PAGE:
import in code
cs at cskk.id.au
Sun Jul 22 00:45:08 EDT 2018
On 22Jul2018 06:43, Abdur-Rahmaan Janhangeer <arj.python at gmail.com> wrote:
>i have found some reputable books that include import within code
> import x
> import y
> import z
>according to me they should be placed at the top. but an advantage of it is
>optimisation where you only load modules if necessary
>so, import within code can be called unpythonic?
It is discouraged, because when the imports are at the top they're really
obvious. That is a huge gain for maintenance and readability.
Importing a module is _usually_ pretty cheap. There are some reasons to put off
imports until the code which needs them runs, but they are all fairly rare:
Circular imports: 2 codependent modules. If you have:
That won't work: the second import (whichever it turns out to be) will fail.
One workaround is to make one of the modules put off the import. A better
approach is usually to redesign things so that they don't do a mutual import
(move classses etc around, or merge them). This is always feasible, but often
External dependencies: if your module only sometimes needs a third party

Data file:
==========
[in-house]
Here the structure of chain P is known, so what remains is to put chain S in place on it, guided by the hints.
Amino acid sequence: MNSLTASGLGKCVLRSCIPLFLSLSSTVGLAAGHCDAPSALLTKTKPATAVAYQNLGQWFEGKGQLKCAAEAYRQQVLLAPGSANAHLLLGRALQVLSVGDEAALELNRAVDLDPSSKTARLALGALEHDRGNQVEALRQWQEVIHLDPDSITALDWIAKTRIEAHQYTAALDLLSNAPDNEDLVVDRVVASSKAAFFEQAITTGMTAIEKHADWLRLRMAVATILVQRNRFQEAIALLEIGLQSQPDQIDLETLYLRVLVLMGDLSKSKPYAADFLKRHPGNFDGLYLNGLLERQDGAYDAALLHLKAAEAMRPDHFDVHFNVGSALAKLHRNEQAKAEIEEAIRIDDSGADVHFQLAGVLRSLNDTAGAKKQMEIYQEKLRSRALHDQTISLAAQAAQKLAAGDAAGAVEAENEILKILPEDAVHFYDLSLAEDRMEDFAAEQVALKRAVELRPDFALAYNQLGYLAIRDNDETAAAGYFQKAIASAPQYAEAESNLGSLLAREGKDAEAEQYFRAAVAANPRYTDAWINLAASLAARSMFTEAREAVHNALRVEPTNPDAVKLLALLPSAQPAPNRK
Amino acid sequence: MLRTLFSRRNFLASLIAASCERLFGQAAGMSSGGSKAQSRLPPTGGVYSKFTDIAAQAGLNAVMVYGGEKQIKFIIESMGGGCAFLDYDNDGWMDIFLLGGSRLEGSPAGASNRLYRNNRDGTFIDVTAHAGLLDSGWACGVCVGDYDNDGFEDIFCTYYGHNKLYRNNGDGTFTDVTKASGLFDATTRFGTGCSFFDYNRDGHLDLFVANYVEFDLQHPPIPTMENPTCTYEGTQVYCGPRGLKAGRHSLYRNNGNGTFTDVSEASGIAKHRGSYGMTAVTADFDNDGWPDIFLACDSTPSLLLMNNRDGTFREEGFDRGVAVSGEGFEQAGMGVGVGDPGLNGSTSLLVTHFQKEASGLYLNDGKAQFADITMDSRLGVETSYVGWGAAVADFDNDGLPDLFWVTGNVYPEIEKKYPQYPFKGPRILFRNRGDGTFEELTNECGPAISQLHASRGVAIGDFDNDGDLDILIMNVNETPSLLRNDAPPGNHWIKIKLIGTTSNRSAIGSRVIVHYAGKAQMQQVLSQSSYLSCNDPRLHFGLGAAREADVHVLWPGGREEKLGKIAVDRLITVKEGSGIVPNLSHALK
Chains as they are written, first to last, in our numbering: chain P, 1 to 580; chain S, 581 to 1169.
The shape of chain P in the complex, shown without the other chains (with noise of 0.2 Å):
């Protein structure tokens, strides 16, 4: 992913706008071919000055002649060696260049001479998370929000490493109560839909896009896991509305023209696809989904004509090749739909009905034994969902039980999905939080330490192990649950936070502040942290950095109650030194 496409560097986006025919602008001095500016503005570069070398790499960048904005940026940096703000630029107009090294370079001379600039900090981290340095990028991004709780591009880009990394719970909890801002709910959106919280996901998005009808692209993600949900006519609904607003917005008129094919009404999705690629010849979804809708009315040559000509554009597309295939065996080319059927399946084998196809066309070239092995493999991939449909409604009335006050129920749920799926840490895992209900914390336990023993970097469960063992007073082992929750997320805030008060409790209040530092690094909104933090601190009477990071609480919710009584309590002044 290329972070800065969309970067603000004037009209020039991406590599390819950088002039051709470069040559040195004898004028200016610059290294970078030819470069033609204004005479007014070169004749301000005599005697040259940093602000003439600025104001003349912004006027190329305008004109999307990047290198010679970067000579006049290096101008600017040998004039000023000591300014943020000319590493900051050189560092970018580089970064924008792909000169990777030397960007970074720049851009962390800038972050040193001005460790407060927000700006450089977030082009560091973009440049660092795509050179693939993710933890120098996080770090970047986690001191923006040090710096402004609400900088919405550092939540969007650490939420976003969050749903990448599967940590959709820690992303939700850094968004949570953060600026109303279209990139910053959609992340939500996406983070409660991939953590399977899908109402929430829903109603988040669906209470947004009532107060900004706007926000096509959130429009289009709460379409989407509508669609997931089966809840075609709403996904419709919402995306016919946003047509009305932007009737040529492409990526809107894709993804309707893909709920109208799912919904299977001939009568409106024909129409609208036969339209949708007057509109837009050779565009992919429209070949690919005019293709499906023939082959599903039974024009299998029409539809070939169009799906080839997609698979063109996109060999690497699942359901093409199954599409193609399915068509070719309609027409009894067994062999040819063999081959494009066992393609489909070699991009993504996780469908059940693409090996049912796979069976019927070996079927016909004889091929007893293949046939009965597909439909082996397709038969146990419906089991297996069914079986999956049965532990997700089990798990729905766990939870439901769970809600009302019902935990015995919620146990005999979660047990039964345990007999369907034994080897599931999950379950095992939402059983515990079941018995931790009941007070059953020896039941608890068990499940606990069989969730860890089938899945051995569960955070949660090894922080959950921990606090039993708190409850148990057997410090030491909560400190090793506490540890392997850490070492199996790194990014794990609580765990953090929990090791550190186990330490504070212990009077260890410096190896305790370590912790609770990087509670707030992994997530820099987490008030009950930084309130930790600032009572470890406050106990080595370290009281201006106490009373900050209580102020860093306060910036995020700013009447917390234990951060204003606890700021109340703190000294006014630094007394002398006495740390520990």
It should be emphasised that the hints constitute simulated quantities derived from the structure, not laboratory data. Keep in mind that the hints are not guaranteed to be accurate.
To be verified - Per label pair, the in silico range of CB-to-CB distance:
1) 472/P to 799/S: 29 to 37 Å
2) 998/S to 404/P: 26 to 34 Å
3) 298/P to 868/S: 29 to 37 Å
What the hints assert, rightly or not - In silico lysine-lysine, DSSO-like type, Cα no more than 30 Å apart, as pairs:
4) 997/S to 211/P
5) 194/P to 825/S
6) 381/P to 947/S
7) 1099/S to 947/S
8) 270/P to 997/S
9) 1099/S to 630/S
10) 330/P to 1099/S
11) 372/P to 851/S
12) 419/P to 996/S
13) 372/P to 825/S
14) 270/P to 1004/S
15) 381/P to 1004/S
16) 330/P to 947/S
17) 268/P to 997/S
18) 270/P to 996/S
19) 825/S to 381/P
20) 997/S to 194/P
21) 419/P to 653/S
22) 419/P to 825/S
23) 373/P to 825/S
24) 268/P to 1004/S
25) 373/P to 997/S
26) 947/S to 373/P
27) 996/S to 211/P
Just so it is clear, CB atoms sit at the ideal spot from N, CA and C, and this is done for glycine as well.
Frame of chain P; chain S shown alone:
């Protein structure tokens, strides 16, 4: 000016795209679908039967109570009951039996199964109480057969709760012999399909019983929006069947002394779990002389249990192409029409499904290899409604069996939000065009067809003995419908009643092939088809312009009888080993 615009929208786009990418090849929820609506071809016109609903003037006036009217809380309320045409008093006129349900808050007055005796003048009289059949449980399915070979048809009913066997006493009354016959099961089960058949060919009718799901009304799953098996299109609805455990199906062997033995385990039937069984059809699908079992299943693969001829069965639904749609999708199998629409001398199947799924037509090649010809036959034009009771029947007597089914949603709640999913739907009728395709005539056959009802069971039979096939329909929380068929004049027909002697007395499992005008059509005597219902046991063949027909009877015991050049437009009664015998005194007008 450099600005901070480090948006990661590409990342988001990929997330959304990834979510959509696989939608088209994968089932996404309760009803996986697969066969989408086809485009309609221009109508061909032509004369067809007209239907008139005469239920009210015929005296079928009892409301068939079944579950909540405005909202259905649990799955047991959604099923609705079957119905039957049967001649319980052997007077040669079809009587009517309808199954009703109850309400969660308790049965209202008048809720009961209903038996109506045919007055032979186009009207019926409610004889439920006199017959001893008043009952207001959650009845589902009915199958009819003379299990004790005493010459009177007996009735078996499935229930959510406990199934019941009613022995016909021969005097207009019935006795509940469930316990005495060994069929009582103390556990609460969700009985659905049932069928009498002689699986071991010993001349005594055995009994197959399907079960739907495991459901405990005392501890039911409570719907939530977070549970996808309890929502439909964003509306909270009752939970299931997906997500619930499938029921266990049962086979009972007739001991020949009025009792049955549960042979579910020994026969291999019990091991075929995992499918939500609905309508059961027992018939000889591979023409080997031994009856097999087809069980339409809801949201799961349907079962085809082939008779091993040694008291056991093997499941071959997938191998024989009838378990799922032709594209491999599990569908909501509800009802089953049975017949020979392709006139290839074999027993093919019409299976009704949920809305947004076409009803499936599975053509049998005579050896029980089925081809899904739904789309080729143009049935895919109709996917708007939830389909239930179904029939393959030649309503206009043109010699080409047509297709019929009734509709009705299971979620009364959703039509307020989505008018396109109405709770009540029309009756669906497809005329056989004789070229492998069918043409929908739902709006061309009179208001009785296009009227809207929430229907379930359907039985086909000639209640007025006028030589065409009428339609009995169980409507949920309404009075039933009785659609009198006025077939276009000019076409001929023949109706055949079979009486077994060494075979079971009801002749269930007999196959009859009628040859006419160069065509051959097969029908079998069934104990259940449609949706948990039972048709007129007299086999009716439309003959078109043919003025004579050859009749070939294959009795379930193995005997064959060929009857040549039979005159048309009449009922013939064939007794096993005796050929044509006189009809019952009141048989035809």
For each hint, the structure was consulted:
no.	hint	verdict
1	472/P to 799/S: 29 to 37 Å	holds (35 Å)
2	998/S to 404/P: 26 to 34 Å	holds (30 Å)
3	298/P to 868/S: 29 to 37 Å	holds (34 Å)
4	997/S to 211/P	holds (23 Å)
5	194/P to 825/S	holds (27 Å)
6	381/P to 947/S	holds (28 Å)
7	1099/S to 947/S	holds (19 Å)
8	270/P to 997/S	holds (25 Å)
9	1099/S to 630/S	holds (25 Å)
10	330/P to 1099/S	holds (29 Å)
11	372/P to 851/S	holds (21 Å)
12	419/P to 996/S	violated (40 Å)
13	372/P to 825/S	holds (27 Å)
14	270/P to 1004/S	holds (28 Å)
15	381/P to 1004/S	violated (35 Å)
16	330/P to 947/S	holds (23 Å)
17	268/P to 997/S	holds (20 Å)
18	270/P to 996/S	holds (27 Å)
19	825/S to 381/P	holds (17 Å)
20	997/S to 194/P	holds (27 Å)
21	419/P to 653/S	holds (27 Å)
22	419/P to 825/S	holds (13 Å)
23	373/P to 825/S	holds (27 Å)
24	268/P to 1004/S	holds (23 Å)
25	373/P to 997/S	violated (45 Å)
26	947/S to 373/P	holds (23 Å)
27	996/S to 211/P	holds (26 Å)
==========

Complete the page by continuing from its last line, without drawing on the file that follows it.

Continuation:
facility, you might put off importing that 3rd party module until it is
As an example, I have a personal project, not yet released, which has a "mount"
command, presenting stuff as a local filesystem using the "llfuse" Python
module. Aside from that, everything else is self contained. By making the
"mount" command do the "import llfuse", there isn't a general requirement for
people to install llfuse unless the particularly want that facility.
Another example is probing the local environment for available facilities. You
may have code that probes for various database backends, for example, and hooks
up those found. This is a runtime thing which can happen in the main import
block, but may well live better in some "probing" function lower in the module.
Antoher example is a variant on the above: modules like SQLAlchemy will accept
"database connection URIs", like "mysql://hostname/...". The supporting module
might only be loaded if such a URI is encountered.
Serverless or tiny workload situations: when a Python program is invoked very
frequently, particularly to perform a tiny task, the fewer imports there are
the (slightly) faster it will run. Also, sometimes a module might be expensive
to import, itself pulling in a lot of other things. In a serverless
architecture, Python gets invoked on every call, so making the setup (imports
etc) as cheap as possible is suddenly much more important.
All of these situations may benefit from doing conditional or deferred imports.
But try to avoid them until you have a specific need.
Cameron Simpson <cs at cskk.id.au>
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